Phosphatidylcholine (PC) is a major source of lipid-derived second messenger molecules that function as both intracellular and extracellular signals. PC-specific phospholipase D (PLD) and phosphatidic acid phosphohydrolase (PAP) are two pivotal enzymes in this signaling system, and they act in series to generate the biologically active lipids phosphatidic acid (PA) and diglyceride. The identity of the PAP enzyme involved in PLD-mediated signal transduction is unclear. We provide the first evidence for a functional role of a type 2 PAP, PAP2b, in the metabolism of PLD-generated PA. Our data indicate that PAP2b localizes to regions of the cell in which PC hydrolysis by PLD is taking place. Using a newly developed PAP2b-specific antibody, we have characterized the expression, posttranslational modification, and localization of endogenous PAP2b. Glycosylation and localization of PAP2b appear to be cell type and tissue specific. Biochemical fractionation and immunoprecipitation analyses revealed that PAP2b and PLD2 activities are present in caveolin-1-enriched detergent-resistant membrane microdomains. We found that PLD2 and PAP2b act sequentially to generate diglyceride within this specialized membrane compartment. The unique lipid composition of these membranes may provide a selective environment for the regulation and actions of enzymes involved in signaling through PC hydrolysis. (+info)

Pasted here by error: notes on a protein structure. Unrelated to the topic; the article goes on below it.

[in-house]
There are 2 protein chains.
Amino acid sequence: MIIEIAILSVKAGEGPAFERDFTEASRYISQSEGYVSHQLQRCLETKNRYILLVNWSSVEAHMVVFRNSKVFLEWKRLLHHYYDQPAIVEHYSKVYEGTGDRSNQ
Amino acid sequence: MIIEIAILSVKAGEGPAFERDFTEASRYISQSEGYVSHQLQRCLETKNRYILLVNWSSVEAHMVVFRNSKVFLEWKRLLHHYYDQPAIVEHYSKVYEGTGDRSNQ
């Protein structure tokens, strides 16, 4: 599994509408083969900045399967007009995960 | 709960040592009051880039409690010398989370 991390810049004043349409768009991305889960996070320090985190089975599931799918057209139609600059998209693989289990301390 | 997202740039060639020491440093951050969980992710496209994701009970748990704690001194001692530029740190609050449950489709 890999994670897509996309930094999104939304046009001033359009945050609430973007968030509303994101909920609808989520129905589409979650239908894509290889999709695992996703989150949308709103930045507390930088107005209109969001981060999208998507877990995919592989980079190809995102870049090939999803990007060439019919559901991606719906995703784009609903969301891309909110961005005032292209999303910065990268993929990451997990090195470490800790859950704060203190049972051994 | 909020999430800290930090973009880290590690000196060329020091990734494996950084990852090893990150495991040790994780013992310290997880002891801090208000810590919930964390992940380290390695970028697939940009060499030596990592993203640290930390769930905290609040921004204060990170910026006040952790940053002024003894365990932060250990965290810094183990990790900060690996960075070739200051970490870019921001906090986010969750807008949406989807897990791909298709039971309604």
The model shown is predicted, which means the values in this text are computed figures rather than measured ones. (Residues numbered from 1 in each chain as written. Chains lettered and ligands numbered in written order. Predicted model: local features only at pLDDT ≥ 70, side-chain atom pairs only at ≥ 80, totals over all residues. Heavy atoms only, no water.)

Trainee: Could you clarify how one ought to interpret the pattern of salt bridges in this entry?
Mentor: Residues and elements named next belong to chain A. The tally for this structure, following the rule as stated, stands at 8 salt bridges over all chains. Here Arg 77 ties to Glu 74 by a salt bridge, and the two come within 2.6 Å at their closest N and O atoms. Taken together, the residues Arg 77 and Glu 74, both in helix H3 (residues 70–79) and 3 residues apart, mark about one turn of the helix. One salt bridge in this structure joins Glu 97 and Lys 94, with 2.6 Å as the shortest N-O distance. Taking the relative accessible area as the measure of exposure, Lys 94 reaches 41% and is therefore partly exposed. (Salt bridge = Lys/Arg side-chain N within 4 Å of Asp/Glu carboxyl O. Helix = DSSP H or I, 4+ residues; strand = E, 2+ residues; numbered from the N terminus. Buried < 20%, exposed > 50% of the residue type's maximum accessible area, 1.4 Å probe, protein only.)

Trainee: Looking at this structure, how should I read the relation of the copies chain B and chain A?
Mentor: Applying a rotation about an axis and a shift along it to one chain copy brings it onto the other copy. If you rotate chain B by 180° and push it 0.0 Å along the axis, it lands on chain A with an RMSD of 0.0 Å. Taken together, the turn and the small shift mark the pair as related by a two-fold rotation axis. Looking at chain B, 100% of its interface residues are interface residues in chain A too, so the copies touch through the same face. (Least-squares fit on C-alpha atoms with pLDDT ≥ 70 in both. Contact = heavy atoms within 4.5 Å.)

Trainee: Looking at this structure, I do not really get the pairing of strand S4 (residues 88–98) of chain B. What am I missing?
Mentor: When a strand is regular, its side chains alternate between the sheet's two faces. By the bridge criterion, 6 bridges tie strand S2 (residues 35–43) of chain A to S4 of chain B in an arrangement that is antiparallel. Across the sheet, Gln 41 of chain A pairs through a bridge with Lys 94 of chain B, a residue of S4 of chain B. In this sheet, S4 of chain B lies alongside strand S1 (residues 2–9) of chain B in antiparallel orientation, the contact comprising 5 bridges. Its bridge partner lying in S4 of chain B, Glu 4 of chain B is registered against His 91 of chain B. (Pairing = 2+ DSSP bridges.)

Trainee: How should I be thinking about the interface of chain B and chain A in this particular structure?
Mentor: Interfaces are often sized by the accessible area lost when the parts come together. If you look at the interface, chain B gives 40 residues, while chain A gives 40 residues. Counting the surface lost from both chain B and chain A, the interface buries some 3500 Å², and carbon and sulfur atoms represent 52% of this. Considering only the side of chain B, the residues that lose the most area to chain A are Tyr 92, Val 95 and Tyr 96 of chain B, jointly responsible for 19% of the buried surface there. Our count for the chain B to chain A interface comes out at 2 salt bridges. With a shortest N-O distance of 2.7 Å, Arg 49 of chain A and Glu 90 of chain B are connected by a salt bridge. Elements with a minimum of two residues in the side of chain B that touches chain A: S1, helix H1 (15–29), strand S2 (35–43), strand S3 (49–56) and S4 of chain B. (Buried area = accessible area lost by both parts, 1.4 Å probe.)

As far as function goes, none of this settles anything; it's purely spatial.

Identification of structurally important domains of lipid phosphate phosphatase-1: implications for its sites of action.
Lipid phosphate phosphatase-1 (LPP-1) dephosphorylates exogenous lysophosphatidate and thereby regulates the activation of lysophosphatidate receptors and cell division. Mutation of seven amino acids in three conserved domains of mouse LPP-1 abolished its activity. A glycosylation site was demonstrated between conserved Domains 1 and 2. LPP-1 is expressed in the plasma membrane, and the present results demonstrate the active site to be located on the outer surface. (+info)